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Netflix Is Stepping Up Its Content. Can It Compete With Disney's Library?

By Jennifer Saibil - Jan 22, 2021 at 8:10AM

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Netflix is the top streaming site, but Disney is catching up.

The film industry has been completely changed by the pandemic, as lockdowns accelerated streaming site subscriptions and rendered movie theater companies out of business. Walt Disney (DIS 3.69%) probably gained the most from the trend, since it launched its premium Disney+ streaming site in November 2019, positioning it for success as the pandemic struck the globe just a few months later. 

But leading streaming company Netflix (NFLX 5.03%) outperformed as well, surpassing 200 million subscribers in the fourth quarter, as reported in earnings this week.

One thing Netflix doesn't have is Disney's content library, the largest in the world and only available for the blue chip company's subscribers. But Netflix started creating its own original series in 2013 and films in 2015 to offer exclusive content. Since it's been hit with the new Disney initiative, and as studios are starting to embrace streaming, Netflix is pouring money into its own original films for 2021.

Person holding out a movie clapperboard.

Image source: Getty Images.

Disney's advantage

Disney movies are a lot more than Mickey Mouse. The entertainment giant owns several film studios that together accounted for 7 out of the top 10 highest-grossing films of 2019, as well as TV channels like ABC and cable's ESPN. Besides Disney+, the company also owns streaming sites Hulu, which it acquired in 2019, and ESPN+. Together, the sites have more than 130 million subscribers, and Disney expects that number to reach up to 350 million by 2024.

It also owns several international streaming sites under the Star brand, which it's planning to expand in 2021. Disney+ HotStar, a combo offering in India (and recently made available in Indonesia) accounts for a quarter of total subscriptions.

Disney's streaming efforts were its best businesses during the pandemic as parks and experiences were closed, and investor confidence in the operation was enough to close out 2020 with a 24% increase in Disney stock, despite revenue decreases for the past two quarters.

Disney has top talent in many genres and the resources to distribute content through its many channels. It announced a restructuring in October to leverage its direct-to-consumer channels with the right content, comprising two separate divisions, creation and distribution.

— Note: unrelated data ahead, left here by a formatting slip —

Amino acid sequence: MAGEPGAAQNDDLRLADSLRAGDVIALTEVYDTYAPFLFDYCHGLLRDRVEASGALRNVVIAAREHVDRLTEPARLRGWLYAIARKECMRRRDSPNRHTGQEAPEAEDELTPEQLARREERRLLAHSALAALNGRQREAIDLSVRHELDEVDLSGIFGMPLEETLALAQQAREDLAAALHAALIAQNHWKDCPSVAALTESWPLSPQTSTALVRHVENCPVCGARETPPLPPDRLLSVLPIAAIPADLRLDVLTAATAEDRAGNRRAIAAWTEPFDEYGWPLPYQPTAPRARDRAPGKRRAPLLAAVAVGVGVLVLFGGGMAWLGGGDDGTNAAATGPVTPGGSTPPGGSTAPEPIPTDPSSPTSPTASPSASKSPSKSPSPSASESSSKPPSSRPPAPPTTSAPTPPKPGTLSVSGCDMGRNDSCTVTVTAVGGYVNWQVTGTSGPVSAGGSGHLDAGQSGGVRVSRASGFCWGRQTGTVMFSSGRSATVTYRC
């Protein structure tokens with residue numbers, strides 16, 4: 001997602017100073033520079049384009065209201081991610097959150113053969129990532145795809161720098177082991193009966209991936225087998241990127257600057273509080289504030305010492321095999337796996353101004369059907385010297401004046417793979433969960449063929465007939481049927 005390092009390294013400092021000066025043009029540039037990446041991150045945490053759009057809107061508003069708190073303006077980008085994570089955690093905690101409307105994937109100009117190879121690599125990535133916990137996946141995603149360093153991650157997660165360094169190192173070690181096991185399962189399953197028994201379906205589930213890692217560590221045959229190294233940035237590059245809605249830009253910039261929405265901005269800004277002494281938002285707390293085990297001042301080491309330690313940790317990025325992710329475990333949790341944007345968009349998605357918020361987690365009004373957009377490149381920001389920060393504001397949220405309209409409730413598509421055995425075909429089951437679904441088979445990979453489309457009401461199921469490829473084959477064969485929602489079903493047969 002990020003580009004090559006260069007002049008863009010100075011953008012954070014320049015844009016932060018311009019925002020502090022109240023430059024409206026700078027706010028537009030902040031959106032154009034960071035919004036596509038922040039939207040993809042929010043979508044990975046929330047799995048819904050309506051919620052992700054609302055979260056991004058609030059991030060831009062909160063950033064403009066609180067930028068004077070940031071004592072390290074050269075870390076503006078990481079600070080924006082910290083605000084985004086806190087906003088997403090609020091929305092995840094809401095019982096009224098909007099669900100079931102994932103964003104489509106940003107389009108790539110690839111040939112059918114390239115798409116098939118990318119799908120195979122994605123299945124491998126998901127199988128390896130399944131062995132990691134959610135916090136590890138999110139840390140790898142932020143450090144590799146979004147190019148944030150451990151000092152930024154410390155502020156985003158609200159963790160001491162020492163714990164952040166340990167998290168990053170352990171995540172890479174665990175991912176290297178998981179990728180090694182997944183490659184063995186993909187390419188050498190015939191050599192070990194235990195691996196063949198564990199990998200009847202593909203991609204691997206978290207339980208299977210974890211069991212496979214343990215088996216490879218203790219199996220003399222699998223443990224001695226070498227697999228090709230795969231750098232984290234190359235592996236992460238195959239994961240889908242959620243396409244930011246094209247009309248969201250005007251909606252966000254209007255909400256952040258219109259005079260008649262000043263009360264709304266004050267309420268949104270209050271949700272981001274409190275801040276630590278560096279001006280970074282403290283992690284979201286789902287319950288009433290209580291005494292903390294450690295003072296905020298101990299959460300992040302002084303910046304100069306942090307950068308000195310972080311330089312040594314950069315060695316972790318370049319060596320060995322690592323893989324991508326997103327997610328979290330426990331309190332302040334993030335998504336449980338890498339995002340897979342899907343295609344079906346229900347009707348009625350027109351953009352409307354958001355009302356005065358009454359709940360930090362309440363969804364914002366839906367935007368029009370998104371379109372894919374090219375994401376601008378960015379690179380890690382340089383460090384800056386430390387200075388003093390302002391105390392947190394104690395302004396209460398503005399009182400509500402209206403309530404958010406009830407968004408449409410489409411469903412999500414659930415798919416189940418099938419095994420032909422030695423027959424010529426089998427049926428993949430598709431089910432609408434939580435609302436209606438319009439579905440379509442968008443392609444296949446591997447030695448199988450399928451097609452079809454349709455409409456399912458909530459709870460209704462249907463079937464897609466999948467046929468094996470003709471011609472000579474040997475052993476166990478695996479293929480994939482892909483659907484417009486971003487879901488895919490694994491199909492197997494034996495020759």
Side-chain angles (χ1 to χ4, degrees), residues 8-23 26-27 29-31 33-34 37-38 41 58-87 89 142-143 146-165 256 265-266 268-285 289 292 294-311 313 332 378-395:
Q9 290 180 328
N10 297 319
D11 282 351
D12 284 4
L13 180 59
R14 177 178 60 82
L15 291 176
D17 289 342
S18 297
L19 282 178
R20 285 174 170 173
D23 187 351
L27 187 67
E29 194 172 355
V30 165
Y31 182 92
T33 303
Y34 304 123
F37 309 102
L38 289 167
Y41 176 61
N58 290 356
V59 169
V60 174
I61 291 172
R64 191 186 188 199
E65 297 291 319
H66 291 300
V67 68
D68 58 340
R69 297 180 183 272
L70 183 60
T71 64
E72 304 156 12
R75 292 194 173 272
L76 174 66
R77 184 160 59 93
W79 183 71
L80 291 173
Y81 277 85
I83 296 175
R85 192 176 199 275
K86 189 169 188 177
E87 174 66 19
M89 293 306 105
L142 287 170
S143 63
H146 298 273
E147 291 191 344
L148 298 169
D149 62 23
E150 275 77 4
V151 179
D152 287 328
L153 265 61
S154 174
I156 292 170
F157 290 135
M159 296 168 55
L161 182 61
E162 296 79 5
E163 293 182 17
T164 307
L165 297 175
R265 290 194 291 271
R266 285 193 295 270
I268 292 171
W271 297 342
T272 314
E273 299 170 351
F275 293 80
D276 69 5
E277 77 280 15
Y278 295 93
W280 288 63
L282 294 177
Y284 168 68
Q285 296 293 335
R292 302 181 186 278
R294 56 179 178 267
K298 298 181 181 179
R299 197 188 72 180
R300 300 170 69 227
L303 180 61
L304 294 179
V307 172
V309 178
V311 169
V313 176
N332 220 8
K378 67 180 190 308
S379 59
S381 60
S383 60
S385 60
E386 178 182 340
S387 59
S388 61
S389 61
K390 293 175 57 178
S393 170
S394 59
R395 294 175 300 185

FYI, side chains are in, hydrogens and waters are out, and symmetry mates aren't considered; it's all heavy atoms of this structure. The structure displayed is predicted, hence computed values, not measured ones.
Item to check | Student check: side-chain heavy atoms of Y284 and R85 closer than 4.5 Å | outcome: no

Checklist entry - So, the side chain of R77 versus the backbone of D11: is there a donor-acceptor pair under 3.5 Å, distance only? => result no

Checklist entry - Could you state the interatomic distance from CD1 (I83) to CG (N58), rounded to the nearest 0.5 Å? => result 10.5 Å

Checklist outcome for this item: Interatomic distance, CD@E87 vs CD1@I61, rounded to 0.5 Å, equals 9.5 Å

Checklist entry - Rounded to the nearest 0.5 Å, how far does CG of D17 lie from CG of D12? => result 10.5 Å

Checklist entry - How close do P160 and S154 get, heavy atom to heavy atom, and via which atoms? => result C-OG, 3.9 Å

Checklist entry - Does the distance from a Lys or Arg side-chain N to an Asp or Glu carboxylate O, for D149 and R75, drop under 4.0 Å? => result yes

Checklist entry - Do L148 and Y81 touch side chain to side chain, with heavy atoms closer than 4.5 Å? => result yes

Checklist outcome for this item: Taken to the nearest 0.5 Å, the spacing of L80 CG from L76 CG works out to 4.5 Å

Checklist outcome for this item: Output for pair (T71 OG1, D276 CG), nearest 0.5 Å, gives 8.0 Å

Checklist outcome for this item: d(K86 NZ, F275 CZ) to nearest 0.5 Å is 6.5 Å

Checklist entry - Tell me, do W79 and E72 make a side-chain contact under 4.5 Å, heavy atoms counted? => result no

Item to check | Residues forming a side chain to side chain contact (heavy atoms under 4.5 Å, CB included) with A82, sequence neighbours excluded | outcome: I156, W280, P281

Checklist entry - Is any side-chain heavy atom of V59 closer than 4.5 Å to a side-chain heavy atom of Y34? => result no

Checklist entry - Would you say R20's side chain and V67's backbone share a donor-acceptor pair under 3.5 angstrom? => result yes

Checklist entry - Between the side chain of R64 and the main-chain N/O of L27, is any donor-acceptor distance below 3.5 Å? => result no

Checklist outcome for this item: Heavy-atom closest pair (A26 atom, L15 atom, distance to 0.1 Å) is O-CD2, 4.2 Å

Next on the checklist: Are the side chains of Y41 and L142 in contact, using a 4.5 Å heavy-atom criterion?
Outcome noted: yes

Stormtroopers in Star Wars: Galaxy's Edge at Walt Disney World.

Stormtroopers at Disneyland's Star Wars: Galaxy's Edge. Image source: Walt Disney.

Netflix's challenge

On Tuesday, Netflix released a trailer hosted by top Hollywood stars with glimpses of some of the movies that will be released in the coming months. It promises new, original films every week, with leading actors and distinguished directors.

It was challenging for Netflix to attract big names when film studios made big bucks at theaters, but with theaters closed and studios already having invested money in films that weren't being shown, Netflix was able to buy several titles for its site. Scott Stuber, head of Netflix's film division, told The New York Times "The quality of the filmmaking continues to grow" at Netflix, and he was hoping for more big-budget action films. One movie feature in the trailer is the upcoming Red Notice, with a $160 million budget.

It's hard to imagine that Netflix's lineup will match Disney's huge library any time soon. And Disney has hundreds of pieces of content in the works to distribute throughout its network of channels, even if it's not releasing a new film every week on Disney+, yet. But that may not matter. Netflix needs enough content to keep customers interested and subscribed, and to cover its film budgets. New content with leading actors should be enough to accomplish that, regardless of the competition.

What it means for investors

Netflix stock ended 2020 up 65%, and as studios pour money into streaming films, Netflix should continue to see subscriptions rise. All streaming companies are likely to benefit as studios accept the trend away from theaters, and investors can expect more gains from both Netflix and Disney in the coming year.

 

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